This is a good occasion to return to my article on white memories of the civil rights movement, published this year in History & Memory. In that piece, I show how white Americans came to mythologize white resistance to the civil rights movement as inherently violent, extremist, and ultimately vanquished. Instead of grappling with the way opponents of the civil rights movement helped create “colorblind” America, white Americans began to believe there was a vast distance between the contemporary United States and the bad old days of the 1960s. This mythology has proven so strong that even when President Trump actively promotes racism many Americans are unable to accept the plain historical meaning of what he is doing.

But others know better, as the Washington Post reported today:

JACKSON, Miss. — The president is coming to America’s poorest, blackest state to open a civil rights museum on Saturday, and people in the neighborhoods surrounding that gleaming tribute to the past would rather have Donald Trump visit their present.

“It’s hostile now, more hostile than in a long, long time,” said Pete McElroy, who employs three men at the auto repair shop that has been his family’s business for three generations. “People almost boast about it: ‘We got our man in the White House, and this is the way the ball’s going to roll now.’ ”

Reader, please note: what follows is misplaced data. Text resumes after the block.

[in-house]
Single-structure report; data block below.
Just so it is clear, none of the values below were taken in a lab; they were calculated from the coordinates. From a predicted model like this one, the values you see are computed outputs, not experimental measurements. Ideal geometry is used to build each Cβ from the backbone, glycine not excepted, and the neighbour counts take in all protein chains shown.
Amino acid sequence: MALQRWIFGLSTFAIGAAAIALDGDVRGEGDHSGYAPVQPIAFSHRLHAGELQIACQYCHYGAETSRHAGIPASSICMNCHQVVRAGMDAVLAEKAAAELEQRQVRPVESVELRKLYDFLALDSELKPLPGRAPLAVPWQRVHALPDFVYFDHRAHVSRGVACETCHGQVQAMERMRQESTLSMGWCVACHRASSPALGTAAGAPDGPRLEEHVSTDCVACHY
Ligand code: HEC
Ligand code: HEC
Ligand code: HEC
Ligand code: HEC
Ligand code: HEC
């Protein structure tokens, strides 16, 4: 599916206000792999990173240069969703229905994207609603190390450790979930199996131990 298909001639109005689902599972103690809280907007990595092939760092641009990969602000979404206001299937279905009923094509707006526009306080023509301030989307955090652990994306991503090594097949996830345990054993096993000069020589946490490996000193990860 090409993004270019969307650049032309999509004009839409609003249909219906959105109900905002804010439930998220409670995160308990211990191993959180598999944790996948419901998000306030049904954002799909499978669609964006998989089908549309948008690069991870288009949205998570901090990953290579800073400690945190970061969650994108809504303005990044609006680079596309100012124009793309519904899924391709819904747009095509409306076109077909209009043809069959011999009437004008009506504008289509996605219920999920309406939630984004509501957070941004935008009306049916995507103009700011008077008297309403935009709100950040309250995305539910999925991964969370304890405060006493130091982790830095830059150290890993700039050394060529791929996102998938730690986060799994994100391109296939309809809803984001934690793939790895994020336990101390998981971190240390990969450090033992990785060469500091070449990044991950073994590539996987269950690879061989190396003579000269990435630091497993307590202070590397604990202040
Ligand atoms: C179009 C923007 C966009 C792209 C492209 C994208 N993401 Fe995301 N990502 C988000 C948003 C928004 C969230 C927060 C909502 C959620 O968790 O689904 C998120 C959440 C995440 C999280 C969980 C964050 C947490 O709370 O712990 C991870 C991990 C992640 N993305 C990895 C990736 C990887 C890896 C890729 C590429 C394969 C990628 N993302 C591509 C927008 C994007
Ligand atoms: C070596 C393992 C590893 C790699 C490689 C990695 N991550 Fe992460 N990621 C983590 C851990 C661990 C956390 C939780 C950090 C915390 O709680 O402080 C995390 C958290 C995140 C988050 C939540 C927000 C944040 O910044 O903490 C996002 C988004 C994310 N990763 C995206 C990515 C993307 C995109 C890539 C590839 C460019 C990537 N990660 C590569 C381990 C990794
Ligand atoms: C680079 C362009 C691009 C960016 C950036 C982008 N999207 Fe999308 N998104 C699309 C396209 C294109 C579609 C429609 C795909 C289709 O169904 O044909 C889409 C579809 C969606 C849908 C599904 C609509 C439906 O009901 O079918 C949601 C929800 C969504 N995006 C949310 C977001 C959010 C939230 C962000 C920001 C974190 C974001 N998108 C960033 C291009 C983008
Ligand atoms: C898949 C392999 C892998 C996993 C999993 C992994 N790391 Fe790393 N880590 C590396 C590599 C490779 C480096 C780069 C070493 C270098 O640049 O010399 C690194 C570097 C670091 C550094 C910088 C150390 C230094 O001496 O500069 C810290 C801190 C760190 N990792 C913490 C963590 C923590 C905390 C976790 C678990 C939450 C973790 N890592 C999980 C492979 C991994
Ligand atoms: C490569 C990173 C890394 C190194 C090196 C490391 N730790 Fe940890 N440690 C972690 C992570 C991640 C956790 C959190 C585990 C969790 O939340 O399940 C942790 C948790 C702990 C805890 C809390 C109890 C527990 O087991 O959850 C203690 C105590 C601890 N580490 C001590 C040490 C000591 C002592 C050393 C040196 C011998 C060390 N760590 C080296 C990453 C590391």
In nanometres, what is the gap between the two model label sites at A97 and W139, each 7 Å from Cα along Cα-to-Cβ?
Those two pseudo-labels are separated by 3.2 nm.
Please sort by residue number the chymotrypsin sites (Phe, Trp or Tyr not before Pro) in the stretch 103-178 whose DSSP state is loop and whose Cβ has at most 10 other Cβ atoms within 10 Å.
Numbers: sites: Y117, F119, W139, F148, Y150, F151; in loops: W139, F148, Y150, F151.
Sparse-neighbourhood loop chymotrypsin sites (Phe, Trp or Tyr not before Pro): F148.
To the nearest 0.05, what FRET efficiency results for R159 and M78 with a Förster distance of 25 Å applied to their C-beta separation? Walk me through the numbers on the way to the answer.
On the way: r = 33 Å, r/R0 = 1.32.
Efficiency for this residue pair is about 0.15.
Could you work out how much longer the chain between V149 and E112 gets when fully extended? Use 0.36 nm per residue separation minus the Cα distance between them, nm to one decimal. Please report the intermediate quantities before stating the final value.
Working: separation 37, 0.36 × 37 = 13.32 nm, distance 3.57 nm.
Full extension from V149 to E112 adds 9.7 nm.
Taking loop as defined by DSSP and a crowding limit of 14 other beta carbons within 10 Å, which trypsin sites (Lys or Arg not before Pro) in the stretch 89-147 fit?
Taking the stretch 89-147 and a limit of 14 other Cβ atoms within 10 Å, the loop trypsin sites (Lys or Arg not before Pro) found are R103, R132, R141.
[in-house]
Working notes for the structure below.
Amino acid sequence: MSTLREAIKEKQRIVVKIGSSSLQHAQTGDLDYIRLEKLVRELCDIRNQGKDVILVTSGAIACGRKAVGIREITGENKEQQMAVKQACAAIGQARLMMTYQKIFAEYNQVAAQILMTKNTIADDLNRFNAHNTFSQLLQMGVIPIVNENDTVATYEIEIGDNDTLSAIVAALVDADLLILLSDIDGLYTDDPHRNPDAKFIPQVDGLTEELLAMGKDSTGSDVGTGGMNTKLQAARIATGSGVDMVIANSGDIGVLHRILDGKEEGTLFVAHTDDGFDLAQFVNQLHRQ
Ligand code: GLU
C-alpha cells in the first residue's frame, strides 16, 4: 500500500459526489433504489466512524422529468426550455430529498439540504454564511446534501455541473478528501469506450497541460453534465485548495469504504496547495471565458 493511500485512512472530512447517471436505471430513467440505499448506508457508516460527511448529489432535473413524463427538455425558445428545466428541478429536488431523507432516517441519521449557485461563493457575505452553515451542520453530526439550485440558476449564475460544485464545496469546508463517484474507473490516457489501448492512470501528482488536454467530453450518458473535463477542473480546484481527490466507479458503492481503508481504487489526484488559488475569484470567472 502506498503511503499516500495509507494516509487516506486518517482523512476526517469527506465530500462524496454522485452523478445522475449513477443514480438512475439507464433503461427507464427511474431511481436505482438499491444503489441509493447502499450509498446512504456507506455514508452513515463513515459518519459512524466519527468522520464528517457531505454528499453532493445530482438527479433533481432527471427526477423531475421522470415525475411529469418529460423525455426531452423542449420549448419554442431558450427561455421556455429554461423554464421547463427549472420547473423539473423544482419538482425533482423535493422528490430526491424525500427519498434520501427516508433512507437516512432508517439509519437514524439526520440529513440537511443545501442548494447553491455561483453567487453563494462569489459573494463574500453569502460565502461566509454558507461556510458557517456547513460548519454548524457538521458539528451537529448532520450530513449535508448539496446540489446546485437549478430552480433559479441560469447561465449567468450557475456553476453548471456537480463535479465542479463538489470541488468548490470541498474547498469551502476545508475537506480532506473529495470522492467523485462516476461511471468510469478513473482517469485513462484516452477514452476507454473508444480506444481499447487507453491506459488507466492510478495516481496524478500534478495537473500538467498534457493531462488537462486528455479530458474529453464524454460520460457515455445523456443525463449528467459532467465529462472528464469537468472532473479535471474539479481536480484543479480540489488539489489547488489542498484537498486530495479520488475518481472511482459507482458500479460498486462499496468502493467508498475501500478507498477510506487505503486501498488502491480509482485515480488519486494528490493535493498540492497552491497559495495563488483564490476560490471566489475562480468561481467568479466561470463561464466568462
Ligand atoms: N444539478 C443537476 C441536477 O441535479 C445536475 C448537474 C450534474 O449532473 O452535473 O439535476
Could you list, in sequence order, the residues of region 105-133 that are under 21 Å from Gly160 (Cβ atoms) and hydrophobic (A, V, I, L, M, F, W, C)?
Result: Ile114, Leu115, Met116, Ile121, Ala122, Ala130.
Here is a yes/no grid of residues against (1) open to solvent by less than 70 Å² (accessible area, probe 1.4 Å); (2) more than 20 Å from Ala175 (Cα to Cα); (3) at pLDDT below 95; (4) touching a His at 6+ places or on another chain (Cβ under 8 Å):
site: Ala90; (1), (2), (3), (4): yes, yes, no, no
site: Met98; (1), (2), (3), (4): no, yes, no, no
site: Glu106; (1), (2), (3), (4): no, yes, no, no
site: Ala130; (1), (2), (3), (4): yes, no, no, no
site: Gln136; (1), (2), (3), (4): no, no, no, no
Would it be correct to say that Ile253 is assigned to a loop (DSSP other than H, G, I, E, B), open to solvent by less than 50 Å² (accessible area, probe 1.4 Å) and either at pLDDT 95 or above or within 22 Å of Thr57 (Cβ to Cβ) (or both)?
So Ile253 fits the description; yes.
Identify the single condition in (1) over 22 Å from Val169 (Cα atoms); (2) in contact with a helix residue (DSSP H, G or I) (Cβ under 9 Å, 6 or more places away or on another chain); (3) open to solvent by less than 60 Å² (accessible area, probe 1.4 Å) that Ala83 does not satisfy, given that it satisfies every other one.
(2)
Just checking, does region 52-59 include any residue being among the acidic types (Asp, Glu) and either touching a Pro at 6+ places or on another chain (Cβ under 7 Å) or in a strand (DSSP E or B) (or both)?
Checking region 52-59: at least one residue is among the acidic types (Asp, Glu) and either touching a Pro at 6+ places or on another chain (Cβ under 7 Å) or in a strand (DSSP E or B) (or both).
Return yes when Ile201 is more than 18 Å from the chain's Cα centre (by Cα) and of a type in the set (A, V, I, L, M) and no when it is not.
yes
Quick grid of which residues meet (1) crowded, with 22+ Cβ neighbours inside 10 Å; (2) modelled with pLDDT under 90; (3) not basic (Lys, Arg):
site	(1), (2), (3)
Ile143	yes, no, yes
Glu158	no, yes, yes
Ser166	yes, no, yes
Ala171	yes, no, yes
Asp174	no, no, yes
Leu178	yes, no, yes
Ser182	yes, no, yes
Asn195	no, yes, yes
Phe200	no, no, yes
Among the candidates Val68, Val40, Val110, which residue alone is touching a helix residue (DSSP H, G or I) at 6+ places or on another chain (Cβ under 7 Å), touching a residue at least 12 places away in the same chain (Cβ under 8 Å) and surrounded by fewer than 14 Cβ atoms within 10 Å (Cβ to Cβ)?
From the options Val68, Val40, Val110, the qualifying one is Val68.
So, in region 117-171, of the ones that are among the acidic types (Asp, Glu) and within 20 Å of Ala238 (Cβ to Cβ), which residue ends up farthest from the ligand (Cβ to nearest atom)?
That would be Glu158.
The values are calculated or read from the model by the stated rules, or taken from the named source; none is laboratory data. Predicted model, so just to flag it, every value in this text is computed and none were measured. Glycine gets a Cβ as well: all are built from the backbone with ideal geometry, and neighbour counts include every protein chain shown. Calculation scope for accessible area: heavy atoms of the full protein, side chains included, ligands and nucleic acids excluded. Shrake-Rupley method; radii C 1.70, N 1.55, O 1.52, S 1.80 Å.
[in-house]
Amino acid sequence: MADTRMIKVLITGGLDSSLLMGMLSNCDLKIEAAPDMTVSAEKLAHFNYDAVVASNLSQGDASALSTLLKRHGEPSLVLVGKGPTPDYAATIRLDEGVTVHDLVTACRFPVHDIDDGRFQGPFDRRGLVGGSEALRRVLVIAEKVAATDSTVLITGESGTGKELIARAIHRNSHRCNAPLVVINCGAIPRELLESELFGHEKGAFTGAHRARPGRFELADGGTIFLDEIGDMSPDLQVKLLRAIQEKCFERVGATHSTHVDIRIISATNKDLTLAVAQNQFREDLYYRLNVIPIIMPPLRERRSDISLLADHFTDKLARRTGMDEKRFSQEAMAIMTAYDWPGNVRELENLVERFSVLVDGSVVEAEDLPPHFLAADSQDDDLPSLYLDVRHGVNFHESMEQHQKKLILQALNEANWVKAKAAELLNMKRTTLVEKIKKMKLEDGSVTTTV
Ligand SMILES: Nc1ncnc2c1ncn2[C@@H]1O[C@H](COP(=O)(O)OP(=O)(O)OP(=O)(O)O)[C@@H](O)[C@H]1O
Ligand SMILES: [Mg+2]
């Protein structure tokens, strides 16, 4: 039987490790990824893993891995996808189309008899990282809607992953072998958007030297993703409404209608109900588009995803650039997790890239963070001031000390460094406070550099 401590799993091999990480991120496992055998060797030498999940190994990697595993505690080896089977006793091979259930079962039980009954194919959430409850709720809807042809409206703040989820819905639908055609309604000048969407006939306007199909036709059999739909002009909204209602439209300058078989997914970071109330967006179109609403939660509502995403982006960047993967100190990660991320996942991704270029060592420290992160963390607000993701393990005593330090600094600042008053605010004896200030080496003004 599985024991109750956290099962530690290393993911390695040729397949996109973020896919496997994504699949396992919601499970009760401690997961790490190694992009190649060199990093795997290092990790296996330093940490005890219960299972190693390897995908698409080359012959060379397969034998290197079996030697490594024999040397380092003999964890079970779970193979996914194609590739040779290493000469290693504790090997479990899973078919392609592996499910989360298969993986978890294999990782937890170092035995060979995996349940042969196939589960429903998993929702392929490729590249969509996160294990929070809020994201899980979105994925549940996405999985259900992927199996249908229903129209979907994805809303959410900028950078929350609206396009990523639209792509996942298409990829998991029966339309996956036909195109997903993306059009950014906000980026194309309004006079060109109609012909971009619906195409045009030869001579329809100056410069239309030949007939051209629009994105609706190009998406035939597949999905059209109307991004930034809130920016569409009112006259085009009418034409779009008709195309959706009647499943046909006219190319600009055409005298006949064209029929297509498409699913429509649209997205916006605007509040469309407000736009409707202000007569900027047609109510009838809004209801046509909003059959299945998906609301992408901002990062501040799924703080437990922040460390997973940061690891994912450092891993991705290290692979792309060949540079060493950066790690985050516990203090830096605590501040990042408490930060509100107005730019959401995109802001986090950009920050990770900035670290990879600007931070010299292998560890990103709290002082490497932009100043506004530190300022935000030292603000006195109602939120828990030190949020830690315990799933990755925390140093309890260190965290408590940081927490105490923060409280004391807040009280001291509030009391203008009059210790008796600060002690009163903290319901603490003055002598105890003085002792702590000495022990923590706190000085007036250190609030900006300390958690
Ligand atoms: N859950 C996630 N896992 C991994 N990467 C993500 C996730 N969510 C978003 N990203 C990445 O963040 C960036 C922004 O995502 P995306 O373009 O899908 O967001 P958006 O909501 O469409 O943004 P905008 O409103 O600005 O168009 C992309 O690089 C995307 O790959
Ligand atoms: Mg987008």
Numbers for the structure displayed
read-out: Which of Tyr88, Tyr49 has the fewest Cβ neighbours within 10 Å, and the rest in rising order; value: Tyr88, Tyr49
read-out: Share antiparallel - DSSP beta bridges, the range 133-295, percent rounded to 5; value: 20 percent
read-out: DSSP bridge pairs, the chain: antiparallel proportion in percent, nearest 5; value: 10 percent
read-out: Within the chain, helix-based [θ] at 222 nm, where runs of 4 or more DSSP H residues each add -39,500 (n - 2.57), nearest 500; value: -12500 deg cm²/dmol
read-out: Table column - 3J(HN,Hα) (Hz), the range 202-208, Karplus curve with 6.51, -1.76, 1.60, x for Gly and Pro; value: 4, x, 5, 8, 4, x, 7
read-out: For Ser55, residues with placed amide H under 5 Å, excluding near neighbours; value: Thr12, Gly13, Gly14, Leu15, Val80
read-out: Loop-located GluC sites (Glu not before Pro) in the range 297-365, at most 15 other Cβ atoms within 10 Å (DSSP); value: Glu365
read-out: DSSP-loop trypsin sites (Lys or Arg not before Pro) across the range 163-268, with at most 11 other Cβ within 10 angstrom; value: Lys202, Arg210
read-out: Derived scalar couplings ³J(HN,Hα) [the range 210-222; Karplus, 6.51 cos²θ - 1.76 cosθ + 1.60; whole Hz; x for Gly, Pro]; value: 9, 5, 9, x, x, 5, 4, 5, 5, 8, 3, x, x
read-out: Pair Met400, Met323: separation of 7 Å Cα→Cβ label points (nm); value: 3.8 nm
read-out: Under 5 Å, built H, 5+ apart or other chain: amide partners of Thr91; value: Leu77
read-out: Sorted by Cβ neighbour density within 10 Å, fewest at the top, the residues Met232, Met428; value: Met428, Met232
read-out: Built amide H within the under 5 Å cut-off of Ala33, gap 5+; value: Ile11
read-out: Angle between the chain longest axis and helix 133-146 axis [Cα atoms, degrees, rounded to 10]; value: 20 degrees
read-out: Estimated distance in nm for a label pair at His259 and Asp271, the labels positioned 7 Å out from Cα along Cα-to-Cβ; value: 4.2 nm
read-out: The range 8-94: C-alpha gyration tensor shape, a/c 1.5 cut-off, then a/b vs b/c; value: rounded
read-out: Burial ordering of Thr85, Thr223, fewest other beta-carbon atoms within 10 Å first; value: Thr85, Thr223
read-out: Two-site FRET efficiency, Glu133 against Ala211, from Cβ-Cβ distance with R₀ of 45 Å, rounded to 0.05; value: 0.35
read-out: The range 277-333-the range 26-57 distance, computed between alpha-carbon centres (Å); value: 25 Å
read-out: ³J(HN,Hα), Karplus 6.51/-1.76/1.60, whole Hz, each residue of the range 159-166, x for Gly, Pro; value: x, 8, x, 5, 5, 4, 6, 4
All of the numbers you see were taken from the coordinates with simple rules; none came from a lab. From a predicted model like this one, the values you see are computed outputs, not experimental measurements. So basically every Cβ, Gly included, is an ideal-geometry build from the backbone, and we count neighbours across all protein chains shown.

Three miles from the Mississippi Civil Rights Museum, over rutted roads, past littered lots, abandoned houses, and shuttered plants and warehouses, McElroy, 69, and other black residents of this struggling capital city say that after nearly a year of the Trump presidency, they have a definitive answer to the question candidate Trump posed when he spoke at a rally in Jackson in August last year.

“What do you have to lose?” Trump asked, making a quixotic and ultimately failed bid for black votes to a nearly all-white crowd.

“We’re losing a lot,” McElroy said here this week. “Losing Obamacare. Where are people going to go? Losing money. He’s making the rich richer and the poor poorer. Mostly, we’re losing respect. No way you can evade that. The way he speaks, the racists feel like they can say anything they want to us.”

Trump supporters: the civil rights movement doesn’t belong to you! Have the courage of your convictions. The rest of us already see where you’re coming from. Time to be honest with yourself.